Whoever Said Winter Flying Is Fun Was Daft


The profoundly concerned TV meteorologist warned of dangerously cold temperatures sweeping across the Midwest, conjuring Dr. Zhivago images of Cossacks on horseback and Lara Guishar in her Ice Palace with Omar Sharif to keep her warm and free from reality. A nice try to glam up winter, but it failed. I despise the season. Hate the snow, ice and reporters feigning shock that it gets cold in Iowa in January. Except for Bing Crosby music a few days in December when single-malt flows freely at any temperature, winter holds no appeal for me. Bah!

Pilots further north pretend to enjoy the cold, strutting about as they do in their EAA lederhosen when it’s 15 below, before climbing into Cubs, Champs and T-crates to skitter across concrete-hard lakes, dodging ice-fishing houses and reporters taping breathless exclusives about winter wonderland whadda-whadda-whadda, back to you, Kimberly.

“Do you put your Aeronca Champ on skis?” I’ve been asked every year for more than 35 since that fateful day I left California, and where I used to reply, “Not yet,” I now answer, “Right after I install the Polar Vortex Generators.” I’ve flown on skis. It’s fun in a FAA-approved way that requires no additional certification or training (kinda) but explores new dimensions to Loss of directional control (LODC), mainly because taxiing on boards without brakes across packed snow instead of wheels on dry pavement means you need to plan turns—and stops—way ahead. Much like seaplane ops. Although usually colder, and it’s that cold factor that fosters defiance and creativity.

Preheating air-cooled engines on stupidly cold days is mandatory, and homespun methods abound for nearly achieving success. Most involve electric heaters that suck more energy for one flight than your house uses in a year1… but you can’t fly your house so don’t feel guilty. Propane heaters are popular alternatives and have torched more than a few airplanes when left unattended, as the pilot steps away for a cup of hot Postum, only to return and find the smoldering outline of the club’s Skyhawk. Acceptable losses if we’re to remain free to fly.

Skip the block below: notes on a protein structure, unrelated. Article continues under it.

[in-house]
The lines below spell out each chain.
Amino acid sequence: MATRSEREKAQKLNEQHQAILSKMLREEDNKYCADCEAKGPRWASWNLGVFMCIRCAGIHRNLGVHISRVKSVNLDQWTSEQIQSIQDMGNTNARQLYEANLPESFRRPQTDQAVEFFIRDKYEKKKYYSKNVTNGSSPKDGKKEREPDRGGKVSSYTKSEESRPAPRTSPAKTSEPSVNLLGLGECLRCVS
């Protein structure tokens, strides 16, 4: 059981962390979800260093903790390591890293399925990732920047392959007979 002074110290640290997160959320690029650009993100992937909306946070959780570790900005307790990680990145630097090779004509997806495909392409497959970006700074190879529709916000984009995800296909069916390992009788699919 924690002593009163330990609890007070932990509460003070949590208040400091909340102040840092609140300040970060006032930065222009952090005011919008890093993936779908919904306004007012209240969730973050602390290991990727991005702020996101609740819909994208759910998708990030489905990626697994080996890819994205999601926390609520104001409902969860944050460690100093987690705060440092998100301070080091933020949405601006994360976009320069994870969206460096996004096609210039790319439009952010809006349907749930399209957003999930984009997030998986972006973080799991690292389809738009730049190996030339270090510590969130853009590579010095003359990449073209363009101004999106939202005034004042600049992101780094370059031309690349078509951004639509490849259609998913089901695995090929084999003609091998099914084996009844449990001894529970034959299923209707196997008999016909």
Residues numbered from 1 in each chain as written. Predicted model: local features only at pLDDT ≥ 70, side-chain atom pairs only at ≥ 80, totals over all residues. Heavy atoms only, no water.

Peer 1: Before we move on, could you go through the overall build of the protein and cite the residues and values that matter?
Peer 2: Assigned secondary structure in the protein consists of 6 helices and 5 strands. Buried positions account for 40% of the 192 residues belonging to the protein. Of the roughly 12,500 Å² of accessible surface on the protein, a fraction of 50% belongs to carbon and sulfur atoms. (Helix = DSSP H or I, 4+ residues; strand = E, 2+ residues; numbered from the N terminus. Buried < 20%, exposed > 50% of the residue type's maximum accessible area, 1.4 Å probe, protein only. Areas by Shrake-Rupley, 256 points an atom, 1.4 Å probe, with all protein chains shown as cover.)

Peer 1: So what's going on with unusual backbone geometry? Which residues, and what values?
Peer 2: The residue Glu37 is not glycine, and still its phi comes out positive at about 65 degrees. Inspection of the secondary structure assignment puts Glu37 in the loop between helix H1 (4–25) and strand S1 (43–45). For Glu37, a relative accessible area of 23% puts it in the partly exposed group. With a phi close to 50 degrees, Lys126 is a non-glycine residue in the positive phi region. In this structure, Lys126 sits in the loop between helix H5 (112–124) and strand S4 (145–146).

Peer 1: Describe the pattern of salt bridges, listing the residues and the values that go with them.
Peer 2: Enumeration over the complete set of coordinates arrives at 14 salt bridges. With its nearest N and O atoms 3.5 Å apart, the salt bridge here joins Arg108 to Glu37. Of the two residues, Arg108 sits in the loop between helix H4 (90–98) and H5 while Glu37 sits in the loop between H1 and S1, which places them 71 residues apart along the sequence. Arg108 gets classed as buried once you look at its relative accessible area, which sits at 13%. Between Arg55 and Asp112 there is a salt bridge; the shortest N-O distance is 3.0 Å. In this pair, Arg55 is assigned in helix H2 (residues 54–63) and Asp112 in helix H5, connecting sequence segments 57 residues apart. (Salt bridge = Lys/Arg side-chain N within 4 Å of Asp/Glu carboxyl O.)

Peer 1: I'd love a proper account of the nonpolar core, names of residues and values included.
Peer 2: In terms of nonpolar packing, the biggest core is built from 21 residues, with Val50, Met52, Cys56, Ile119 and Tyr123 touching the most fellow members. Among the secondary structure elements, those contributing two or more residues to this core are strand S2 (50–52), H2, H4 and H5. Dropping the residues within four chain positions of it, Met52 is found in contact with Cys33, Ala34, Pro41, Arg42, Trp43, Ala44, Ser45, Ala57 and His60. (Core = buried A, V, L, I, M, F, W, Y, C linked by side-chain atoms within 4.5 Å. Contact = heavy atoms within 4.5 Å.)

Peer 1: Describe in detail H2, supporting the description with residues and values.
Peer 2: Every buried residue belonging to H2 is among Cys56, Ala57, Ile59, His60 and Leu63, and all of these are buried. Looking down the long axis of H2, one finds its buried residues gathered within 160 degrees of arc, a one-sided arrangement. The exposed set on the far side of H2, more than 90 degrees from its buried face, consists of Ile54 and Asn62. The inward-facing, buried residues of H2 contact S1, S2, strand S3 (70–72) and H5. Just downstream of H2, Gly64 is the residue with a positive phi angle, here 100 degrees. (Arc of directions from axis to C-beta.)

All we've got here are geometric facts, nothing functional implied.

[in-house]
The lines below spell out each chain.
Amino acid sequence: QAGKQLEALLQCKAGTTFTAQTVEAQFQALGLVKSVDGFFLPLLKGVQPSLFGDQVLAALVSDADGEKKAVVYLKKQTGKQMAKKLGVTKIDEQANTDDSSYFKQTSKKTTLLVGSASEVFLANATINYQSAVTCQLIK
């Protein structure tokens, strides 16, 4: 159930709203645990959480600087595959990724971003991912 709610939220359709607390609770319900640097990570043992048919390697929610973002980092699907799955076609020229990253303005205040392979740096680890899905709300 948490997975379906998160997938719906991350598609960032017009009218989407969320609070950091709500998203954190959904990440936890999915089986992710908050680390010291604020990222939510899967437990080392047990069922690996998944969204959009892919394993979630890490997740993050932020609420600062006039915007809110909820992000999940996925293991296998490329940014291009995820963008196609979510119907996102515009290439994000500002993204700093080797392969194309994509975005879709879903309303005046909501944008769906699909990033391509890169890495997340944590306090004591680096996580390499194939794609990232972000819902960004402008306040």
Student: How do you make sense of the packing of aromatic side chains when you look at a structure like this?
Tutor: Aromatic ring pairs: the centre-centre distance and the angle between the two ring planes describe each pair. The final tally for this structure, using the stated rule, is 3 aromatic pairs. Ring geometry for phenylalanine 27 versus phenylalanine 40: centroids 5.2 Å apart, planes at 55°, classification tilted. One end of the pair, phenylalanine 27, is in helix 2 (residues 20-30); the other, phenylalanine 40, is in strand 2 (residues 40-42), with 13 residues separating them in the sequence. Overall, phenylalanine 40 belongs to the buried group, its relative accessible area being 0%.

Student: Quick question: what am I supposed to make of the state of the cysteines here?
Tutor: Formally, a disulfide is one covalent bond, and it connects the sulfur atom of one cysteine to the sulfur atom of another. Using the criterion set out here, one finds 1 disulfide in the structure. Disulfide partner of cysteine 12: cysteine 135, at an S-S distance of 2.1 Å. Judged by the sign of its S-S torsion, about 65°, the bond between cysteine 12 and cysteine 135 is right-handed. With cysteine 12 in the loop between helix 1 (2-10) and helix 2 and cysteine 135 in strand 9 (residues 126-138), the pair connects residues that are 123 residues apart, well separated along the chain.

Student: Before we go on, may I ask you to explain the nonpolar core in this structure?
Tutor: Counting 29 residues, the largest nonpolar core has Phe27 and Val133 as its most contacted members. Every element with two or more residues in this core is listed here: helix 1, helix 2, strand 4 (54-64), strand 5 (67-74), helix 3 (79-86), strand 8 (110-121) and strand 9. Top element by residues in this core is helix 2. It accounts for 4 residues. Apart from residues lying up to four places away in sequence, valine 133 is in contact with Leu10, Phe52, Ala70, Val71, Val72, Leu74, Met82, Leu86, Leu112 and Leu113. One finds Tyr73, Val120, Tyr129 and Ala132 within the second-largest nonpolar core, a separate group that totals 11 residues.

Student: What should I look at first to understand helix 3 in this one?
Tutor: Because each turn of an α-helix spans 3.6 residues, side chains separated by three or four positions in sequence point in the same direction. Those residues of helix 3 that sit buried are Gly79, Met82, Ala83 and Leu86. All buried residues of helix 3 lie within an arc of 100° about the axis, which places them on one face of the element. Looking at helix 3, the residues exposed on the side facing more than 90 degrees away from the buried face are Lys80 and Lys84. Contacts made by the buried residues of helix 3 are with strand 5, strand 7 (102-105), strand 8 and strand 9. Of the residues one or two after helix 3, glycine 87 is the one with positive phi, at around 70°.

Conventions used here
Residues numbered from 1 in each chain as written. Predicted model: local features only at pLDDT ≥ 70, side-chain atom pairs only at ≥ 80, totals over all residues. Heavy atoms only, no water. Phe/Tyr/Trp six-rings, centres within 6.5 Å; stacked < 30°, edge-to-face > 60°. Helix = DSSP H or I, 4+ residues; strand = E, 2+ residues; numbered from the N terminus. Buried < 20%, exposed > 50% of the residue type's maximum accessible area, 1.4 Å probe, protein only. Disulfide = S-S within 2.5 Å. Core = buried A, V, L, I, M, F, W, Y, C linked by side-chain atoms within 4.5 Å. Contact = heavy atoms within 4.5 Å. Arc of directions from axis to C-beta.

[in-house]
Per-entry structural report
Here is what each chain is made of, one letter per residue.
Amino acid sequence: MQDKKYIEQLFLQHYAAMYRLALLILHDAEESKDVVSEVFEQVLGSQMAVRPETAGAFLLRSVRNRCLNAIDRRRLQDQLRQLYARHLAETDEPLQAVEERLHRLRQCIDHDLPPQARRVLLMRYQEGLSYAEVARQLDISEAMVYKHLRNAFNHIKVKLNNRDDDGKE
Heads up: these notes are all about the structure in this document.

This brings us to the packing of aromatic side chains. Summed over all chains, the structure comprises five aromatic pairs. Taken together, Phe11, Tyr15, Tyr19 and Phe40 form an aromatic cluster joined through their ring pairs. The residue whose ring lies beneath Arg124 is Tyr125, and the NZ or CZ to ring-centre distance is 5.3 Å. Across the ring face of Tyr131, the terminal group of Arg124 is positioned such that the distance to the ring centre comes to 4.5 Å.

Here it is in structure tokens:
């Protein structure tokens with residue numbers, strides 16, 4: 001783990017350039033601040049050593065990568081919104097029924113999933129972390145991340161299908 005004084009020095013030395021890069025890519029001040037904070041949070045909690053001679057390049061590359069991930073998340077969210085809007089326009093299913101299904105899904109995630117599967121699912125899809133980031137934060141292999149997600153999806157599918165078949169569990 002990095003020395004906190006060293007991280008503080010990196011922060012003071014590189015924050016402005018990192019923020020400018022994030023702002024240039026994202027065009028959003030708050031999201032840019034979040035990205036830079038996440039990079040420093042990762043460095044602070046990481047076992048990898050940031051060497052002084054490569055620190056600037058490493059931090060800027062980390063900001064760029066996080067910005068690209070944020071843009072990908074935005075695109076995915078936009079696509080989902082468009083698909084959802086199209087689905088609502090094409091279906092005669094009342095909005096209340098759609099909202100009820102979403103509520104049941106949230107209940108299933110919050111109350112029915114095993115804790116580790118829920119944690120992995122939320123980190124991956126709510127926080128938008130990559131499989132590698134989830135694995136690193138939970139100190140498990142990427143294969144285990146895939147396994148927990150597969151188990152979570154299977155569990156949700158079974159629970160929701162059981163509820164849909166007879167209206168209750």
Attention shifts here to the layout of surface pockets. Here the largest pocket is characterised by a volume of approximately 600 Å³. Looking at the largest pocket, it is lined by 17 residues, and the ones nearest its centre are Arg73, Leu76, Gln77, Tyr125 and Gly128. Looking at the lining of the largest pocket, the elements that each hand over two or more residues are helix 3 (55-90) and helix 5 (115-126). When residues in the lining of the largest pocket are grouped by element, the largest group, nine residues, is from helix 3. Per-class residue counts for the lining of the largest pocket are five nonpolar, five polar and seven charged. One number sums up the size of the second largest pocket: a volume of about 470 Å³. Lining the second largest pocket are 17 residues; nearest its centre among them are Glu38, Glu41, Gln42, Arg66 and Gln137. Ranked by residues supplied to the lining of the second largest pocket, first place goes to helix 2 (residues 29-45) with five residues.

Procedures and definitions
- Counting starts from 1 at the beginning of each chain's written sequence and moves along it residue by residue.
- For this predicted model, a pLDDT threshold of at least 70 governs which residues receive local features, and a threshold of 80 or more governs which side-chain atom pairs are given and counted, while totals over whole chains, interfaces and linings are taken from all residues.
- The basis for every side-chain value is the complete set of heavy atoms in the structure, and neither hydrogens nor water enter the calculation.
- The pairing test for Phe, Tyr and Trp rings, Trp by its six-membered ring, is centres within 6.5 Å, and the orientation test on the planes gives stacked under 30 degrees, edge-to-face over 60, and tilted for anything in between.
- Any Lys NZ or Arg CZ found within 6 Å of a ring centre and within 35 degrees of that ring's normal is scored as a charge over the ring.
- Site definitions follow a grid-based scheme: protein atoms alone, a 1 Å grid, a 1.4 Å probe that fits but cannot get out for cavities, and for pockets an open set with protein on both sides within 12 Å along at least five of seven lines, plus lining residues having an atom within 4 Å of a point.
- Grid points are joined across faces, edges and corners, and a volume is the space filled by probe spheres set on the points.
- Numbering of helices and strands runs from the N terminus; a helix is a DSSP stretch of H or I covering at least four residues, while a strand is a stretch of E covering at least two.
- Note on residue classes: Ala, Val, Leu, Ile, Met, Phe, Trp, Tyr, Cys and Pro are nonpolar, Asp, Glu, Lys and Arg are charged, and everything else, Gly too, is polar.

I take advantage of preheating to embrace the winter-aviation experience by chiseling the frozen earth beneath my north-facing hangar door where it’s heaved up, sealing the frame to the ground with an epoxy-like bead meant to keep sane pilots indoors and binge-watching Ice Pilots. But for decades, I’ve shoveled and scraped while muttering oaths with no literal English translations that adequately express my contempt for anything frozen. Including that stupid Disney movie by the same name. I mean, c’mon! Frozen? Why not a movie called, Miserable? The tale of a Midwest flight instructor determined to ignore reality and fly in winter while his smarter neighbors head south until Sun ‘n Fun announces the official opening of Pancake Breakfast Season.

Hand-propping an engine on frozen ground could be a whole article unto itself, but eventually it starts, and once inside the airplane I always fall for the gag of pulling the decorative cabin heat knob. The Champ’s 65-HP engine doesn’t produce enough heat to warm its own oil, let alone transmit excess through serpentine SCAT tubing to the uninsulated cabin. Anyone who’s driven a 1966 VW bus in winter knows the futility of gleaning heat from an underpowered air-cooled engine.

Still, if you fly in the unreasonably cold latitudes, you learn to adapt, rationalize and long for the return of mud and bugs. Yeah, I know the air is super dense at 10 below. Oh, yah, Lena, the Luscombe sure gets offa da ice in a hurry, you betchya. Also, when it’s silly cold, thunderstorms are a low risk, but frankly, this time of year I kinda miss them, even though a microburst once ripped my hangar door to ribbons and shivved the Champ’s skin with fiberglass shrapnel. But at least it wasn’t snowing.

Despite my seasonable gripes, I continue to fly in winter and—this is weird—not because I need to, unless you consider a lifelong compulsion to fly for fun a need and not merely a disorder. On some days, though, I just have to rethink the way of things. It’s 19 below zero (Fahrenheit … possibly Kelvin) here this morning2with a wind chill factor that makes it feel like living north of Key West was a huge mistake. Dawn has reluctantly cleared the tree line with accompanying sun dogs shivering in the airborne ice crystals. The snow is smooth and bright, while somewhere my love hibernates amidst the gauzy strands of Lara’s Theme inside her ice hangar, patiently awaiting winter’s slow but inevitable, and welcomed, demise. Indeed, now is the winter of my discontent, made glorious summer by this noble sun … that needs to get on with melting the damn snow ….

Someone toss another elf on the fire.

1Actual unverified scientific fact

229 Jan 2019